Re: Elaine Morgan's response

Ralph L Holloway (
Mon, 10 Jul 1995 21:41:17 -0400

I've erased the previous posts and am too lazy(right now) to go to the
Archives for this thread. What I remember is that the context in which
Dennet's book was mentioned and people such as Wilson, Dawkins, Pinker,
Calvin (actually, the last wto or three were mentioned by Mr. Dooley,
weren't they?) was that they, unlike palaeoanthropologists who have
devoted their research lives to the question of the evolution of human
bipedalism, do not roll up their eyes regarding the AAT. My sense was
that these people were mentioned as open to the possibility that AAT was
as viable an alternative to conventional theory as any other. I thought
these people were being mentioned as favorable to the AAT position. If I
misread these posts, I apologise.
As for AAT, no, I don't subscribe to it, but I do respect your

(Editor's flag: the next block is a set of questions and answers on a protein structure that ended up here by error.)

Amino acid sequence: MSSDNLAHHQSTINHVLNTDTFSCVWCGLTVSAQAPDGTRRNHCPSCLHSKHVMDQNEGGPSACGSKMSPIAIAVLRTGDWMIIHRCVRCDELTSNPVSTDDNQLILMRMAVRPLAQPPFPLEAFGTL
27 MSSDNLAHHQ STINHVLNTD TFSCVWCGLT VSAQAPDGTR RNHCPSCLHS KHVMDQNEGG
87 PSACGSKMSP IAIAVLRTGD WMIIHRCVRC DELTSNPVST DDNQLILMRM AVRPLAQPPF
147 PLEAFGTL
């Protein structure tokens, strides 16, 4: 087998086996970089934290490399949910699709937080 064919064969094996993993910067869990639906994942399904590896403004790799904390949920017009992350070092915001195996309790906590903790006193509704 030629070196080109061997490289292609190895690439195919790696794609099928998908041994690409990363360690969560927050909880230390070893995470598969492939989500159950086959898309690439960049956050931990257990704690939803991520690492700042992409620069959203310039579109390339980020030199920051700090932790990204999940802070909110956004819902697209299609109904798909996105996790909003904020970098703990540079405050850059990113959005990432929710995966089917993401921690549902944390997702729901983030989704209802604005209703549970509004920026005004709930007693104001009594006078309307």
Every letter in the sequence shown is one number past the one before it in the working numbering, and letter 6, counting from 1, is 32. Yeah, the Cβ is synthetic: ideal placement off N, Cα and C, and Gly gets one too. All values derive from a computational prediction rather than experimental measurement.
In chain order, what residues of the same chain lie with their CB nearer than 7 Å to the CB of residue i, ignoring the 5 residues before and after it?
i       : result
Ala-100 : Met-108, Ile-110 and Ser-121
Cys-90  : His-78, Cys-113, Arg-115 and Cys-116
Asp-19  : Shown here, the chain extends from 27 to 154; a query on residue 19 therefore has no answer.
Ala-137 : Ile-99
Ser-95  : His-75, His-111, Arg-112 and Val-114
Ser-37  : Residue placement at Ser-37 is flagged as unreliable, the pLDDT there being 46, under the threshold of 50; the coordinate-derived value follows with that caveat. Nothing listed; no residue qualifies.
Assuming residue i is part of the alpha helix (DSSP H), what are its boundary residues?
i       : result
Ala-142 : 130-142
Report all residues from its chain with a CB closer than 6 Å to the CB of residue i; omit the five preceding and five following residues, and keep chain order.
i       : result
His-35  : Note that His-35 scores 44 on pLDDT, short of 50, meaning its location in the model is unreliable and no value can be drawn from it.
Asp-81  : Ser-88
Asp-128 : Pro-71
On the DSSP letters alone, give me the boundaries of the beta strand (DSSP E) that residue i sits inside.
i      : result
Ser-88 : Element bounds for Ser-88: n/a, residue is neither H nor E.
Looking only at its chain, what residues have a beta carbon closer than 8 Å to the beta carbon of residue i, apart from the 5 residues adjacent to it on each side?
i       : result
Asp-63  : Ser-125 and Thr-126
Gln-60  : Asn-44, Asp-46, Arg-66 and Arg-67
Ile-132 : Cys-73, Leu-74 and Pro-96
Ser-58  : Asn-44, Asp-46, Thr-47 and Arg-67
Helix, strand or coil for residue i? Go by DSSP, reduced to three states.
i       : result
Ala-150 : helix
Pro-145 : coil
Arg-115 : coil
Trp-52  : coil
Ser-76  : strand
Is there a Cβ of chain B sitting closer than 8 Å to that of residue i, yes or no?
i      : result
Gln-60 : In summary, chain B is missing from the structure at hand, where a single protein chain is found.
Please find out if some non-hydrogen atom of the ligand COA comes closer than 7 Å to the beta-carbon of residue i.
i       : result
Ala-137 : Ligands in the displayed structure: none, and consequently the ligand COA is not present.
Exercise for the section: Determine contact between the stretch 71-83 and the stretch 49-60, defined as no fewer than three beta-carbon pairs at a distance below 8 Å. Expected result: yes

right to pursue it and/or any other aspect of the human condition that
pleases you. I am an anthropologist, and to my senses much of what has
transpired here re: AAT has had an almost religious-like quality to it.
Not surprising, actually. I can be damn near religious in my own
defense of my pet theories on the evolution of the human brain too. I
am not a paean of diplomacy, and I guess my attribution of those
concurring with your position as "defenders of the faith" is possibly
extreme, and I apologise for any hard feelings I've caused. This does
not, however, mean that I agree with the way the arguments have been
handled by your "defense team". Nor do I believe listing a set of
"unexplained" characteristics as if it were necessary for conventional
palaeoanthropological theory to explain them is more than a defensive
posture. Perhaps someday the evidence will come out in favor of AAT; I
personally have more faith that some of the UFO tales will be proven
true than that conventional theory will be eclipsed because it can't
explain swimming motions in babies, ear form, hair patterns, downward
pointing nostrils and the like. I want to see some evidence of aquatic
adaptations in the earliest hominids and in their antecedent hominoids
before I lose my healthy skepticism. In for a penny in for a pound I
guess, so, no, Elaine, I won't be dropping out that soon...
Ralph Holloway.